Larger font
Smaller font
Copy
Print
Contents

Man’s Nature and Destiny

 - Contents
  • Results
  • Related
  • Featured
No results found for: "".
    Larger font
    Smaller font
    Copy
    Print
    Contents

    06 WHAT IS SOUL? WHAT IS SPIRIT?

    THE discussion of Genesis 2:7 (as in the preceding chapter) brings directly before us for solution the question, What is meant by the terms “soul” and “spirit,” as applied to man? Believers in unconditional immortality point triumphantly to the fact that the terms “soul” and “spirit” are applied to human beings, and seem to regard that as settling the question, and placing an insuperable quietus upon all further discussion. This arises simply from their not looking into this matter with sufficient thoroughness to see that all we question in the case is the popular definition that is given to these terms. We do not deny that there is a soul and spirit pertaining to man; we only say that if our friends will show that the Bible anywhere attaches to them the meaning with which modern theology has invested them, they will supply what has thus far been a perpetual lack, and forever settle this controversy.MND 42.2

    What do theologians tell us these terms signify? Buck, in his theological dictionary, says: “Soul, that vital, immaterial, active substance or principle in man whereby he perceives, remembers, reasons, and wills.” On spirit, he says: “An incorporeal being or intelligence; in which sense God is said to be a spirit, as are the angels and the human soul.” On man, he says: “The constituent and essential parts of man created by God are two, - body and soul. The one was made out of dust; the other was breathed into him.” This soul, he further says, “is a spiritual substance;” and then, apparently feeling not exactly safe in calling that a substance which he claims to be immaterial, he bewilders it by saying “subsistence,” and then adds, “immaterial, immortal.”MND 43.1

    This position strikes us as considerably open to criticism. On this definition of “soul,” how can we deny it to the lower animals? for they “perceive, remember, reason, and will.” And, if spirit means the “human soul,” the question arises, Has man two immortal elements in his nature? for the Bible applies both terms to him at the same time. Paul, to the Thessalonians, says: And I pray “God your whole spirit and soul and body be preserved blameless unto the coming of our Lord Jesus Christ.” Does Paul here use tautology, by applying to man two terms meaning the same thing? That would be a serious charge against his inspiration! Then has man two immortal parts, soul and spirit both? This would evidently be overdoing the matter; for, where one is enough, two are a burden. And further, on this hypothesis, would these two immortal parts exist hereafter as two independent and separate beings?MND 43.2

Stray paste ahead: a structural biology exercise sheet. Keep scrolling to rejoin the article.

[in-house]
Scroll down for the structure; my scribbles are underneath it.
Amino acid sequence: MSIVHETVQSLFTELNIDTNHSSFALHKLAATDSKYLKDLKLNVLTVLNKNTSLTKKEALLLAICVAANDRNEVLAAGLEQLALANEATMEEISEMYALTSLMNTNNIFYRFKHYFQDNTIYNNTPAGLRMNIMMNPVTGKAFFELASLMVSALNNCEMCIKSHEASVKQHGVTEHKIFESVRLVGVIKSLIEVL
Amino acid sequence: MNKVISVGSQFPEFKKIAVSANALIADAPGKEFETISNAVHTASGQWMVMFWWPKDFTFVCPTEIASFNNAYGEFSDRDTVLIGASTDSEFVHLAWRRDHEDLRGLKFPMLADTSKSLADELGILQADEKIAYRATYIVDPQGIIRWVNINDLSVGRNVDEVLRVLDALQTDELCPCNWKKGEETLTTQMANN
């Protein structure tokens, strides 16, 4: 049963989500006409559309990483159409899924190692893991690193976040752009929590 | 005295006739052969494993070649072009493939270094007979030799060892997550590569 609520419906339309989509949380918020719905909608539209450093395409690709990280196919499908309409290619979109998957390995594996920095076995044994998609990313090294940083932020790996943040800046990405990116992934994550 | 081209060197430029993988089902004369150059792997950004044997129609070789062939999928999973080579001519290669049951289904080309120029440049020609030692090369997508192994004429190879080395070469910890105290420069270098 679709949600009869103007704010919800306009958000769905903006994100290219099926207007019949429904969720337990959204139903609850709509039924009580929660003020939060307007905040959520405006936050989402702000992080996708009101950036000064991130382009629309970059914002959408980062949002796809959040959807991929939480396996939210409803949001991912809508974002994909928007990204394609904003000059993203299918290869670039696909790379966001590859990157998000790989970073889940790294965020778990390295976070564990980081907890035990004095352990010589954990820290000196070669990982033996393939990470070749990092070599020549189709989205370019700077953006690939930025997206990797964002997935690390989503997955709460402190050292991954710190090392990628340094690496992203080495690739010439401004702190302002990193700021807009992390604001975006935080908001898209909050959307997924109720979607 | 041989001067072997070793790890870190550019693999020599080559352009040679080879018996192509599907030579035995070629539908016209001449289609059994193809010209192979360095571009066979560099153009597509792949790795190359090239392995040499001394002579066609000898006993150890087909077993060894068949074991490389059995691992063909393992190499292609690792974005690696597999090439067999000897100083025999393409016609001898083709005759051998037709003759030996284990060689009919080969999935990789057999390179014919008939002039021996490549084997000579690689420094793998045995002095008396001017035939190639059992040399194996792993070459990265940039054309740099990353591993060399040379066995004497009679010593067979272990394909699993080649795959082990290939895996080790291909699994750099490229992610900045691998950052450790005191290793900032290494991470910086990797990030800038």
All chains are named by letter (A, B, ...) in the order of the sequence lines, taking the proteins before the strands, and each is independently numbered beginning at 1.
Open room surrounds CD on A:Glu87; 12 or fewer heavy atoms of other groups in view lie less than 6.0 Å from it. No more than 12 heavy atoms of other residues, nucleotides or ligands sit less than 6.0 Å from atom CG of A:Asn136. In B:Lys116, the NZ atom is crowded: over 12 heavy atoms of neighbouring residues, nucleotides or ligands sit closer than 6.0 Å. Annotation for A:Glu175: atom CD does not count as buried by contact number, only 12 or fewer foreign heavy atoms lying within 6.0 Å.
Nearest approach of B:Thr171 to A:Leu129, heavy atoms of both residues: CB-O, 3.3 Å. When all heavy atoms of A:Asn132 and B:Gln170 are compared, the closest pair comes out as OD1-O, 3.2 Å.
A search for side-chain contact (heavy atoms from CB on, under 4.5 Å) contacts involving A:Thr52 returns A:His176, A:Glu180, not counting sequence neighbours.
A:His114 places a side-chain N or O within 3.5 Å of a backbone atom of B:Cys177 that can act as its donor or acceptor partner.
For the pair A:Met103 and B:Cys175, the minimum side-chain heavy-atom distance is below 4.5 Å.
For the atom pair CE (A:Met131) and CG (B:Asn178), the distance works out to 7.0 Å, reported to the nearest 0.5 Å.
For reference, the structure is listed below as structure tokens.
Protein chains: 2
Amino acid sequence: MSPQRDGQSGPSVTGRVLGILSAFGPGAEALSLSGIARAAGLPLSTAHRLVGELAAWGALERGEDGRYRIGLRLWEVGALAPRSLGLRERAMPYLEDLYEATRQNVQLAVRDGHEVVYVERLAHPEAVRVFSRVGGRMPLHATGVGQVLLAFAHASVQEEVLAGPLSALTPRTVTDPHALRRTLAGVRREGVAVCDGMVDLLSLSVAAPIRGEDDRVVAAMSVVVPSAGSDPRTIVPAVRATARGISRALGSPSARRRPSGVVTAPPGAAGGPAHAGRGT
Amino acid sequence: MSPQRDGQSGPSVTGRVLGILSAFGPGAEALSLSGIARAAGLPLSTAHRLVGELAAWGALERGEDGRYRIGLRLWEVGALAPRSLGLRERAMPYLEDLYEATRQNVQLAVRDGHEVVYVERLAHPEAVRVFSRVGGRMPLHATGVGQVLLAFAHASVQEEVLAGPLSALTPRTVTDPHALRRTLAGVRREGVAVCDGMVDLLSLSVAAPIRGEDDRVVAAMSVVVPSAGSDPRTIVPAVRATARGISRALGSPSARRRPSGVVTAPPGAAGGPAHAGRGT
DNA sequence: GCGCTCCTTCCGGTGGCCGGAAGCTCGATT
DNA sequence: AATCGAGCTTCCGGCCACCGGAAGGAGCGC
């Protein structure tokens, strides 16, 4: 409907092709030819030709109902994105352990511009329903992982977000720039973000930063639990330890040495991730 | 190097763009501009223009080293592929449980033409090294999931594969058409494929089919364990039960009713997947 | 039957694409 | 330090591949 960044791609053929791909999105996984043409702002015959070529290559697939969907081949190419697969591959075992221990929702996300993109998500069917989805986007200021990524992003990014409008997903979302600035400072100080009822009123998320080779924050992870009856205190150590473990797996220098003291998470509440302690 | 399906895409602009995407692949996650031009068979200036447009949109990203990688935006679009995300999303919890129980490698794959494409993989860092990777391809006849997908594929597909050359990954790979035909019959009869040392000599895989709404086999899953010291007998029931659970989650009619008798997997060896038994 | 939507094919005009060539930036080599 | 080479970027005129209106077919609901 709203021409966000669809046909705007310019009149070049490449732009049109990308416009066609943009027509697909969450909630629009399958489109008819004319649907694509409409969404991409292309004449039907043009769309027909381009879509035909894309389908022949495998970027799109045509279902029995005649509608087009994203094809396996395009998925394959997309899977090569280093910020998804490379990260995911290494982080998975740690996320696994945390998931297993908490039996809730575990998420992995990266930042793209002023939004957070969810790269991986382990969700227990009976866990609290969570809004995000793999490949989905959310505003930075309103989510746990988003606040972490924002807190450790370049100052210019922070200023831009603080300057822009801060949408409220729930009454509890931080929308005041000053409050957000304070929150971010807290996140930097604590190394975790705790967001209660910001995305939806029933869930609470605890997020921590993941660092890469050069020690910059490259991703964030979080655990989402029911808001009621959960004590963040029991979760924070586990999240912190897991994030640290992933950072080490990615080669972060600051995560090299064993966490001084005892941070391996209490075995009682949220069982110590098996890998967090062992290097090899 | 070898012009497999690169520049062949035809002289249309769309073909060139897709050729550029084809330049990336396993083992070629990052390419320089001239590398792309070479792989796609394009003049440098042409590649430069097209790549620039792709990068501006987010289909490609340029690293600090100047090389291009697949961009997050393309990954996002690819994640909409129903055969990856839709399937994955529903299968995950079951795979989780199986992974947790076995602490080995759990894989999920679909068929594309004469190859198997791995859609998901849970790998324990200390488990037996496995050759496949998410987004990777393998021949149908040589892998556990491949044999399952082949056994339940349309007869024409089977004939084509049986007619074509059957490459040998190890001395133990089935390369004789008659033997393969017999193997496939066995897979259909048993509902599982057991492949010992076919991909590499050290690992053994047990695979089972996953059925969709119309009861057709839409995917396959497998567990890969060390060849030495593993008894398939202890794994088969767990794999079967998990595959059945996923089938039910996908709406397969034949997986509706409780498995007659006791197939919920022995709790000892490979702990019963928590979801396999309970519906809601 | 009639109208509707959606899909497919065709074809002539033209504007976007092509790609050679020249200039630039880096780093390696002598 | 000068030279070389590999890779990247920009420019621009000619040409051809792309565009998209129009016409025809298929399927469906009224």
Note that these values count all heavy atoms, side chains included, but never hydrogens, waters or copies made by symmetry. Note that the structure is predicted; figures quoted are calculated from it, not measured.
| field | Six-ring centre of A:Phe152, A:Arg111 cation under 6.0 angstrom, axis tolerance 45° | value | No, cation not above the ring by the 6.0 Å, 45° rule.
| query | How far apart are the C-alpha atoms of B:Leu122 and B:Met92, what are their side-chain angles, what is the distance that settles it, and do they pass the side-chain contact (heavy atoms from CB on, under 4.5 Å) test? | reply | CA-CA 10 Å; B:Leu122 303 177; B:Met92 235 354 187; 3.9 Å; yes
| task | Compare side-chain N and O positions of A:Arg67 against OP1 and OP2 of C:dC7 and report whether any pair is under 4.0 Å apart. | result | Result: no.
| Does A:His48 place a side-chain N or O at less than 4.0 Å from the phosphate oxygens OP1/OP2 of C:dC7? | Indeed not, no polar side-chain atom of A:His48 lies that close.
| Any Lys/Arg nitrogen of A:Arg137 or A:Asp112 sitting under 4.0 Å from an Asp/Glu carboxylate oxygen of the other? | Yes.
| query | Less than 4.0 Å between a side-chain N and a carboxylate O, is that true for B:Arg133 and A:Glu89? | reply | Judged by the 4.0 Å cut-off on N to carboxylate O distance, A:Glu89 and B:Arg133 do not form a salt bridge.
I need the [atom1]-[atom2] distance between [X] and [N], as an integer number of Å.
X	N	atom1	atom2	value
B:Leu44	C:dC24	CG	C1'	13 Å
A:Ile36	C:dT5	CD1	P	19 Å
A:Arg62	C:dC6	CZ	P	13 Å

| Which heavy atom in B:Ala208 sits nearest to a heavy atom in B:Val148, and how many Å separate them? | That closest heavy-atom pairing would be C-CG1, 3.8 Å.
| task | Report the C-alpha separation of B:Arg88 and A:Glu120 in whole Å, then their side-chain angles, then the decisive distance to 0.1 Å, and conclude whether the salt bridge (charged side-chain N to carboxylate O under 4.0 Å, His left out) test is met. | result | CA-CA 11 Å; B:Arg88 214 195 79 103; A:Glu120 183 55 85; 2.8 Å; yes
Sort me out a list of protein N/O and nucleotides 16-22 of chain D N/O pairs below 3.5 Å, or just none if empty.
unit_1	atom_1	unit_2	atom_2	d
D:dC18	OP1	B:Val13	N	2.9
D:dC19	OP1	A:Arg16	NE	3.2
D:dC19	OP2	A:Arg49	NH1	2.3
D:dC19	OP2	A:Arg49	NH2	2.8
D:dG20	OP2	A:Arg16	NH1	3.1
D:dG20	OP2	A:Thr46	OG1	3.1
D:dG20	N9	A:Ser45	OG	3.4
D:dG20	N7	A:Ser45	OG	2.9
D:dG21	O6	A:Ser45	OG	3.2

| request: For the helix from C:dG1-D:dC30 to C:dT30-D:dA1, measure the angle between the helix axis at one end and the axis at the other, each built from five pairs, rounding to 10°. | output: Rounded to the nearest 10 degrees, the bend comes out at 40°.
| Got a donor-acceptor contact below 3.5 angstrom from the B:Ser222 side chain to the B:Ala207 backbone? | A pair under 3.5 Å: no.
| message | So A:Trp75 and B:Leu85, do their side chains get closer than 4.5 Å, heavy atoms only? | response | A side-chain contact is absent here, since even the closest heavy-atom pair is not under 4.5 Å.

This idea being preposterous, one question more remains: Which of these two is the immortal part? Is it the soul or the spirit? It cannot be both; and it matters not to us which is the one chosen. But we want to know what the decision is between the two. If they say that what we call the soul is the immortal part, then they give up such texts as Ecclesiastes 12:7: “The spirit shall return to God who gave it;” and Luke 23:46: “Into thy hands I commend my spirit,” etc. On the other hand, if they claim that it is the spirit which is the immortal part, then they give up such texts as Genesis 35:18: “And it came to pass as her soul was in departing (for she died);” and 1 Kings 17:21: “Let this child’s soul come into him again,“MND 44.1

    And, further, if the body and soul are both essential parts of man, as Mr. B. affirms, how can either exist as a distinct, conscious, and perfect being without the other?MND 44.2

    Foreseeing these difficulties, Smith, in his Bible Dictionary, distinguishes between soul and spirit thus: “Soul (Heb. nephesh, Gr. psuche). One of three parts of which man was anciently believed to consist. The term psuche is sometimes used to denote the vital principle, sometimes the sentient principle, or seat of the senses, desires, affections, appetites, passions. In the latter sense, it is distinguished from pneuma, the higher rational nature. This distinction appears in the Septuagint, and sometimes in the New Testament. 1 Thessalonians 5:23.” Then he quotes Olshausen on 1 Thessalonians 5:23, as saying: “For whilst the psuche (soul) denotes the lower region of the spiritual man, - comprises, therefore, the powers to which analogous ones are found in the animal life also, as understanding, appetitive faculty, memory, fancy, - the pneuma includes those capacities which constitute the true human life.”MND 44.3

    So it seems that, according to these expositors, while the Hebrew nephesh, and Greek psuche, usually translated “soul,” denote powers common to all animal life, the Hebrew ruahh, and the corresponding Greek pneuma, signify the higher powers, and consequently that part which is supposed to be immortal.MND 45.1

    Let us now inquire for the true definition of these terms.MND 45.2

    Hebrew, nephesh, )
    ) SOUL.
    Greek, psuche, )
    Hebrew, ruahh, )
    ) SPIRIT.
    Greek, pneuma, )

    To these no one is at liberty to attach any arbitrary meaning. We must determine their signification by the sense in which they are used in the sacred record; and whoever goes beyond that, does violence to the word of God.MND 45.3

    Larger font
    Smaller font
    Copy
    Print
    Contents